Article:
Saint Spyridon

Saint Spyridon
The Thaumaturgist (Miracle-worker) (Ο Θαυματουργός)
Bornca. 270, Askia, Cyprus
Died348, Trimythous, Cyprus
Venerated inEastern Orthodoxy, Eastern Catholicism
Beatified?
Canonized?
Major shrineCorfu
FeastDecember 12 (East), December 14 (West)
AttributesEpiscopal insignia, potsherd, basil
Patronagepotters, Corfu
Prayer O most blessed hierarch Spyridon, thou great Saint of Christ and glorious wonder-worker! Standing in heaven before the throne of God with choirs of Angels, look down with a compassionate eye upon the people gathered here (N.___) and asking thy powerful help. Entreat the merciful kindness of God Who loveth mankind, that He judge us not according to our iniquities, but rather act towards us according to His mercy... [1]


Saint Spyridon (Greek Ἃγιος Σπυρίδων ca. 270348) is a saint honoured in both the Eastern and Western Christian traditions.

Spyridon was born in Askia in Cyprus. He worked as a shepherd and was known for his great piety. He married and had one daughter, Irene. Upon the death of his wife, Spyridon entered a monastery, and their daughter, a convent.

Spyridon eventually became the Bishop of Trimythous, near Paphos and a was a vocal opponent of Arianism. He reportedly converted a pagan philosopher to Christianity by using a potsherd to illustrate how one entity could be composed of three unique entities (fire, water and clay; a metaphor for the Christian Trinity). The shard is said to have miraculously begun streaming water and producing a small flame as soon as Spyridon finished speaking.

Spyridon took part in the Council of Nicaea (325), but fell into disfavor during the persecutions of the emperor Maximinus.

When the Arabs took Cyprus, Spyridon's body was disinterred for removal to Constantinople. The body was allegedly uncorrupted, and contained a sprig of basil, the "royal plant," — taken as a sign of his confirmation as a saint.

When, in 1453, Constantinople fell to the Turks, Spyridon's relics were removed again; this time, to the island of Corfu by a Corfiote monk called Kalohairetis (Καλοχαιρέτης), where they remain to this day. The relics are taken in procession every Palm Sunday and on other special occasions, for veneration by the faithful.

Spyridon is the patron saint of potters (from the purported miracle of the potsherd) and the island of Corfu where he is called: "Αγιος Σπυρίδων ο πολιούχος" translated as "Saint Spyridon the Keeper of the City" for the miracle of expelling the plague (πανώλη) from the island. It is believed by the faithful that the plague on its way out of the island scratched one of the fortification stones of the old citadel (Palaio Frourio) to indicate its fury for being expelled.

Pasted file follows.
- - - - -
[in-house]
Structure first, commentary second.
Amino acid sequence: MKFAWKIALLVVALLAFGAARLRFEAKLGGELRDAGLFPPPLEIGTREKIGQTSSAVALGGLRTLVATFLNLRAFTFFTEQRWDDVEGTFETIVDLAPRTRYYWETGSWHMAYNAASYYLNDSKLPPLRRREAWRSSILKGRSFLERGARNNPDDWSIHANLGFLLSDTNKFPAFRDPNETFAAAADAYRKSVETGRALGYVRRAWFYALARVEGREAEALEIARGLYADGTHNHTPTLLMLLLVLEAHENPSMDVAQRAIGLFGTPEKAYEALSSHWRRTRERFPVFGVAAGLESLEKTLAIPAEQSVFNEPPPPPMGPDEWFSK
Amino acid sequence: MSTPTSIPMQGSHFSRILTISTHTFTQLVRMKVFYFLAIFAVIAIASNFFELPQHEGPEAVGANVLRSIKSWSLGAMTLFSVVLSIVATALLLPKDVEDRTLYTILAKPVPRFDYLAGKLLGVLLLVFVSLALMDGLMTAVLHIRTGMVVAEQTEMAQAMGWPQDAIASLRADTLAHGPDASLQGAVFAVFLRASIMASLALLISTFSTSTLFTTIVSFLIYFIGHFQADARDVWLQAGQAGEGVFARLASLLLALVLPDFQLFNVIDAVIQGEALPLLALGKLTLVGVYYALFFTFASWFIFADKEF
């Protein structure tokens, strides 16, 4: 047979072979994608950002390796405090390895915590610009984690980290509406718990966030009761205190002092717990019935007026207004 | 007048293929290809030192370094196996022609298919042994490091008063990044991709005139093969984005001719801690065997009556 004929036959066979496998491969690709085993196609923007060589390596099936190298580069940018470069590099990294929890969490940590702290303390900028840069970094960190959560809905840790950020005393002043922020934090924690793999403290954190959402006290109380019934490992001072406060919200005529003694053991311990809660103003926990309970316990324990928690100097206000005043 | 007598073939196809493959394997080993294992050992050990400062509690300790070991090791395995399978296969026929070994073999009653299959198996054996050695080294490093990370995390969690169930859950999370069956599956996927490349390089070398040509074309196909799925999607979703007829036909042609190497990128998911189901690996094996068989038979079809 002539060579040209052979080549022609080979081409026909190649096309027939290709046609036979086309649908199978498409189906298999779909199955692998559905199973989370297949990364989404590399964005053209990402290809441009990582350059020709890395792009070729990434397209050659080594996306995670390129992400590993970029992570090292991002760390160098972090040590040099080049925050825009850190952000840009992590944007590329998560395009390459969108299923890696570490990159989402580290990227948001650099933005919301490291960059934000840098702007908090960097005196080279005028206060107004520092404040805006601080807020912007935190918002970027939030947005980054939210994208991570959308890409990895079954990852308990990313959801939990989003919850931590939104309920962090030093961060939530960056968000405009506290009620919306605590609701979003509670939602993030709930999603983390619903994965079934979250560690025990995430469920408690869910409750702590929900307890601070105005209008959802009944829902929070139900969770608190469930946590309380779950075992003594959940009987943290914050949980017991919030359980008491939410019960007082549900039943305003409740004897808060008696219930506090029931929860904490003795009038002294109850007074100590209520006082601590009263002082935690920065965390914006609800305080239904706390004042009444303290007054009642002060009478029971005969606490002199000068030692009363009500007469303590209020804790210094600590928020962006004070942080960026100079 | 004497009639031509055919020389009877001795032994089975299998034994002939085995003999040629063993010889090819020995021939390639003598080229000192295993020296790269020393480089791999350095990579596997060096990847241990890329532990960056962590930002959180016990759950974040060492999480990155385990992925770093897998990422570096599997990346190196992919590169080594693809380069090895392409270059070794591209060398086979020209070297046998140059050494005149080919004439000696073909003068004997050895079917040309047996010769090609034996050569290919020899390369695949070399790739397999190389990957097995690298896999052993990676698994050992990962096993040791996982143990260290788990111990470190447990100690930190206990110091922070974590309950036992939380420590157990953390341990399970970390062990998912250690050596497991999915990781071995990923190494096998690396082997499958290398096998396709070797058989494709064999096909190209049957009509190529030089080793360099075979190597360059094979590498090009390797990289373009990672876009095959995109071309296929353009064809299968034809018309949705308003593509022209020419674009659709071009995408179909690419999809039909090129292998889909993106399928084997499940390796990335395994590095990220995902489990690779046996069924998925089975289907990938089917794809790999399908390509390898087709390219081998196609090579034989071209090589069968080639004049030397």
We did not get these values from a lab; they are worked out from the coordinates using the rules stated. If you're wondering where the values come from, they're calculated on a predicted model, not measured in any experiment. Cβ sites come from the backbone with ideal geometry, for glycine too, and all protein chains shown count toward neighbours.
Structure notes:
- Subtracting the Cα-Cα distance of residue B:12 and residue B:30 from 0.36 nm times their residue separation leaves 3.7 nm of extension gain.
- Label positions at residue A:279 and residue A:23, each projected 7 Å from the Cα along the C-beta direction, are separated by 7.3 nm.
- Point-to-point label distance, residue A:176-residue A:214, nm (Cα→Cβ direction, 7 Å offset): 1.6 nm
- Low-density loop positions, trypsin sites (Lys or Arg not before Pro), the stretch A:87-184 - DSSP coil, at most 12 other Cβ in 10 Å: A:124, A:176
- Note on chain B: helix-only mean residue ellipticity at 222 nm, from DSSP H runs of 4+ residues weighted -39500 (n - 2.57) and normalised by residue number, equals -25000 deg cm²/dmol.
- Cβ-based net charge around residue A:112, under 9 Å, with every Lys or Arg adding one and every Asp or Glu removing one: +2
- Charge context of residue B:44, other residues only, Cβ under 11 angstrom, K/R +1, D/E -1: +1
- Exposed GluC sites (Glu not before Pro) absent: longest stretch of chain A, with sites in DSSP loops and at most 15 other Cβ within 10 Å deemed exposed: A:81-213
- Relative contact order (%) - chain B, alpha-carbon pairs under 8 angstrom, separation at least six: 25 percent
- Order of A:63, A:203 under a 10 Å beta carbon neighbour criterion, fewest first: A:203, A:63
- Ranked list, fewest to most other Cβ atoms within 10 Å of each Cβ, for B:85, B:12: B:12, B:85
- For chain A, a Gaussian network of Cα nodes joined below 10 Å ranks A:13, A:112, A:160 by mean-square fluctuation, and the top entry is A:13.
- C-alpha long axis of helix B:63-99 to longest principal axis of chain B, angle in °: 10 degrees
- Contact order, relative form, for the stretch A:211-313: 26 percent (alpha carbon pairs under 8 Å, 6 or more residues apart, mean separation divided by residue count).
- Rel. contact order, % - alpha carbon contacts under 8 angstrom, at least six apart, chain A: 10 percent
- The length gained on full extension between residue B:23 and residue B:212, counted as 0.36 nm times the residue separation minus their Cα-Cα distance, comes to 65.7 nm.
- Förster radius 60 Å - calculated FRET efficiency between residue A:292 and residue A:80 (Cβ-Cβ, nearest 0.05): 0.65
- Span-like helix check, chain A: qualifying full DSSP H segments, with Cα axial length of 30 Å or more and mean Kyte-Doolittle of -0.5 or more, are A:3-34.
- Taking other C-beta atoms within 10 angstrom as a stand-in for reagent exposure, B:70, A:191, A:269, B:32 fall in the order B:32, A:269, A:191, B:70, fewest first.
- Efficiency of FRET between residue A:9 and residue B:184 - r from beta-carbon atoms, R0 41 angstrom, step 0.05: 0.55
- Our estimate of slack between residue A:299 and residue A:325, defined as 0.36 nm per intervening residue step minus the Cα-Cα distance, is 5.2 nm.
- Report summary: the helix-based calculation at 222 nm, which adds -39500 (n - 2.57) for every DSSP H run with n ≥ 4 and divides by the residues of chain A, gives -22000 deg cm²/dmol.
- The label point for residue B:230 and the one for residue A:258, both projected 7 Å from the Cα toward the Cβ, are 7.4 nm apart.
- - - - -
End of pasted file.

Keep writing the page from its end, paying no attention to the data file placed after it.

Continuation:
St. Spyridon is also believed to have saved the island at the second great siege of Corfu which took place in 1716. At that time the Turkish army and naval force led by the great Sultan Achmet III appeared in Butrinto opposite Corfu. On July 8 the Turkish fleet carrying 33,000 men sailed to Corfu from Butrinto and established a beachhead in Ipsos. The same day the Venetian fleet encountered the Turkish fleet off the channel of Corfu and defeated it in the ensuing naval battle. On July 19 the Turkish army reached the hills of the town and laid siege to the city. After repeated failed attempts and heavy fighting, the Turks were forced to raise the siege which had lasted 22 days. There were also rumours spreading among the Turks that some of their soldiers saw St Spyridon as a monk threatening them with a lit torch and that helped increase their panic. This victory over the Turks, therefore, was attributed not only to the leadership of Count Schulenburg who commanded the stubborn defence of the island against the Turks but also to the miraculous intervention of St. Spyridon. After the victorious outcome of the battle, Venice honoured Schulenburg and the Corfiotes for successfully defending the island.

Recognizing St. Spyridon's role in the defence of the island Venice legislated the establishment of the litany of St Spyridon on August 11 as a commemoration of the event. His feast is celebrated on December 12 in the East and December 14 in the West.

St. Spyridon is also the patron saint of the Tolstoy family. Andrei Tolstoy (fl. 15th century) chose St. Spyridon as the family's saint and he remains so in both branches to this day. The Grand Prince of Muscovy Basil II (1425-1462) apparently gave a gold cross with relics of the saint inside to Andrei. This survives and is held by the senior member of the Tolstoy family, now Count Nikolai Tolstoy.

External links

Spiridon could mean:
  • Saint Spiridon
  • Spiridon, a planet featured in the Doctor Who serial Planet of the Daleks
  • Spiridon Peninsula in Alaska.

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Motto
none
Anthem
Ύμνος εις την Ελευθερίαν
Imnos is tin Eleftherian

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Motto
none
Anthem
Ύμνος εις την Ελευθερίαν
Imnos is tin Eleftherian

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Eastern Christianity

History